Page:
The offense? Don’t worry about the offense, urges Epstein. Look at the big picture, he says.
“I think we still have a chance to be a really good offensive club,” said Epstein. “I think there’s been a lot of skepticism out there about our offense. I think we still feel like we can be one of the top handful of offenses in the league. What we’re really striving for is balance.
“We want to do be one of the best pitching teams in the league. We want to be one of the best defensive clubs in the league. We want to be one of the best offensive clubs in the league. The years that we’ve accomplished that are the years that we tend to do better. 2004, by the end of the year, we had accomplished that. 2007 we had accomplished that. We’re really looking to be well rounded. Looking back at last year’s club, we were one of the better pitching clubs, we were one of the better offensive clubs. We were sub-par defensively. The goal this year is for us to achieve better balance.”
Two of the players who figure most prominently in this year’s offense? Ellsbury and Pedroia, shown here by Brita from today’s workout.
The pitching? Yes, that looks loaded. But Epstein preaches caution.
“Ask that in about eight months,” Epstein said. “On paper, I think we have a chance to be as solid a 1-5 pitching staff as we’ve been here and a chance to be pretty top heavy too if things go right. You’ll have guys vying to be called the number one on this staff, some pretty talented pitchers. It’s all theoretical this time of year. It doesn’t’ really matter how it looks on paper until we go out and do it.
“Just keeping a single pitcher healthy and effective from this point through September and hopefully through October in the American League East is a chore, let alone doing it with five guys or 11 or 12 on the pitching staff so we know we have our work cut out for us. Certainly there are some guys here who’ve had very effective seasons before in this league and if we can have them all do that at the same time, we could go pretty far.”
One pitcher who will be one of those five at some point, probably within a couple of years, is phenom Casey Kelly, who is experiencing his first spring at Major League camp.
“I’d actually like to be a little bit guarded in that,” Francona said. “The reason I say that, he just turned 20 years old. This kid is in a major league camp and we don’t want him to try to do more than he needs to. What we really want him to be is a sponge and soak up everything he can. He’s got a great feel for a young kid. Watch the way Beckett and Lester and those guys do things and just soak up as much as he can. He needs to prepare for his year, wherever that ends up being. Just have a real good experience and see how we do things here in our Major League camp.”
Daily Dice-K update? The righty is doing just fine, and his back injury is anything but significant. Matsuzaka will start playing catch again on Saturday.
“Dice will start playing catch tomorrow. Sixty feet,” Francona said. “Again, now, because of some of the downtime, we need build a base as we’re going to do with everybody. He was looked at by Dr. Gill, we got a very productive report through that, so now we’re going to start back up again and get him strong.”
Sure, it was cool by Florida standards, as the temperature hovered in the low 50s for John Lackey’s first side session with the Sox.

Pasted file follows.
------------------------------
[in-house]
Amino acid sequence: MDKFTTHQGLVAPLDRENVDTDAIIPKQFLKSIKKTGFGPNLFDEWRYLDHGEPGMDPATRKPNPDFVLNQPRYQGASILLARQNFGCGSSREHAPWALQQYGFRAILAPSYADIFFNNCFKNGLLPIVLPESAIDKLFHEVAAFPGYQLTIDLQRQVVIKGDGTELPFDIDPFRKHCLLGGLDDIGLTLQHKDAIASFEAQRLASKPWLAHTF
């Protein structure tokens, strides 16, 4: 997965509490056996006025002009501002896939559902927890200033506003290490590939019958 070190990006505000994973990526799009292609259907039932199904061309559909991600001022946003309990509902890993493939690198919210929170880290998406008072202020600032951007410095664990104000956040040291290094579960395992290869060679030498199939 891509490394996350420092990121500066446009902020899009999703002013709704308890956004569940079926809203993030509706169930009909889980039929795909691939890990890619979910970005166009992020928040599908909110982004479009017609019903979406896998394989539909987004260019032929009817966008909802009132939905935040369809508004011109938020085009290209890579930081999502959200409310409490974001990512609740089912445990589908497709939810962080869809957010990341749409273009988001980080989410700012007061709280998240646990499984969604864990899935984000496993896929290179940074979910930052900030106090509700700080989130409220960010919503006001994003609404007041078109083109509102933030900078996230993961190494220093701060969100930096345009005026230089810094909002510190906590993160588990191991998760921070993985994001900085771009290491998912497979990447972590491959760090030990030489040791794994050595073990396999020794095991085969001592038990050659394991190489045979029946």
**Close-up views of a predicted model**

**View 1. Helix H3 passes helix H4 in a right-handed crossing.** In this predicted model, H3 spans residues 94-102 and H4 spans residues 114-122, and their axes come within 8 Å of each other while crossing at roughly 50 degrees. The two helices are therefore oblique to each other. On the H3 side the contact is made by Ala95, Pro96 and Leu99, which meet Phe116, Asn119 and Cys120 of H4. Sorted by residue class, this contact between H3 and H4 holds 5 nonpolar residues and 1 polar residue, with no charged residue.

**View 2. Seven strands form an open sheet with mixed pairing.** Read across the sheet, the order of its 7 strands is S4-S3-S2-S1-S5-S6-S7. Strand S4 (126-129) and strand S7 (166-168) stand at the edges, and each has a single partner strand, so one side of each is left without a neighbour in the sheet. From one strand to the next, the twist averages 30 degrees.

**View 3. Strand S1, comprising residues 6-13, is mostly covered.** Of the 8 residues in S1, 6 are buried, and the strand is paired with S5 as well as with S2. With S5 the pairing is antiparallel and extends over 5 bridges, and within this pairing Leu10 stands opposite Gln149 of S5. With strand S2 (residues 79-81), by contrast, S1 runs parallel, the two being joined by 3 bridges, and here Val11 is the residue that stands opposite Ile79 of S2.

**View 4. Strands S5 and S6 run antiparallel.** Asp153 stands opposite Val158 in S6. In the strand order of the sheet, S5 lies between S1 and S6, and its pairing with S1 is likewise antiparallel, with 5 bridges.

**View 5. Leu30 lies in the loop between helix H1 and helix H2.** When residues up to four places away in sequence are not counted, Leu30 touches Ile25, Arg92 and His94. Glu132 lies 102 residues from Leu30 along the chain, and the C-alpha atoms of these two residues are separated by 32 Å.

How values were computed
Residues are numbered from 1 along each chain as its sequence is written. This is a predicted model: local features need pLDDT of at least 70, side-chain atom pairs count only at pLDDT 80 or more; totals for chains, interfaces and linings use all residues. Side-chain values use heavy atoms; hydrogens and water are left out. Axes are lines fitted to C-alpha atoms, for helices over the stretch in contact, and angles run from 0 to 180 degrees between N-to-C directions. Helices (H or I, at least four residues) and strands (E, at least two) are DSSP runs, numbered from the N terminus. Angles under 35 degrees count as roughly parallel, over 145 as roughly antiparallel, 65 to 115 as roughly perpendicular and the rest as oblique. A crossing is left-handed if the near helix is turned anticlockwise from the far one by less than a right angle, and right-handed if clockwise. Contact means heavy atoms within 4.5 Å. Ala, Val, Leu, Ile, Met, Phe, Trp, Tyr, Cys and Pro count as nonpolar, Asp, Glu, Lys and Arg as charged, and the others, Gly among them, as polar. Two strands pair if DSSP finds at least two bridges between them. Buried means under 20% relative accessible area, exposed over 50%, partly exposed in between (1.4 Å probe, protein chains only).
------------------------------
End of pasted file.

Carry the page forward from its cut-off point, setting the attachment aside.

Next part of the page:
But baseball was in the air. In the morning, it was all about Lackey, who participated in his first workout with his new team and then spoke to the media. Lackey reeled off about 40 pitches — all heaters — and MLB.com’s own Brita Meng Outzen was there to capture the action.
For a while, Dice-K took the stage, speaking openly about how it wasn’t all that wise of him to conceal injuries last year. Then, Victor Martinez, embarking on his first full season in Boston, held court with a small group of reporters.
Here are some snippets from pitchers and catchers reporting day.
Dice-K on his increased comfort with the Sox:
“I think I’m able to approach the season and come to work here just as I was able to do in Japan, so I think that I’ve definitely gotten used to things over here. With each passing year, as I’ve become more and more accustomed to how things work, I think I look forward to the season just that much more every year,” Matsuzaka said.
Lackey on the competition that could build among Boston’s packed starting rotation:
“I think I’ll fit in good. [Beckett’s] a competitor,” said Lackey. “He gets after it on the mound. I’ve got a little bit of that in me too. I think if we all get rolling a little bit, you can kind of have a healthy competition between starters and it turns into kind of a relay race kind of thing. You don’t want to drop the baton from the next guy. It’s fun when you get into that sort of situation.”
Victor Martinez on whether he’d like to stay with the Red Sox after his current contract expires following the season:
“Obviously,” Martinez said. “Who wouldn’t want to be here in the long term? This is the organization, this is the team that everybody wishes to play here, especially a team that is always in the race, always in the playoffs. As a baseball player, that’s what you want. That’s what you work for. You work really hard to make it to the playoffs and get a ring.”
Those were the main storylines today. Tomorrow, all pitchers and catchers will undergo physicals. Saturday is the first full-squad workout.
That’s all for now.
I’m back to my home away from home. After a 1,400 mile trek with my wife, the kids and my sister-in-law, I have returned to Fort Myers, which feels as familiar as that comfortable pair of sweat pants I wore almost every day during the winter.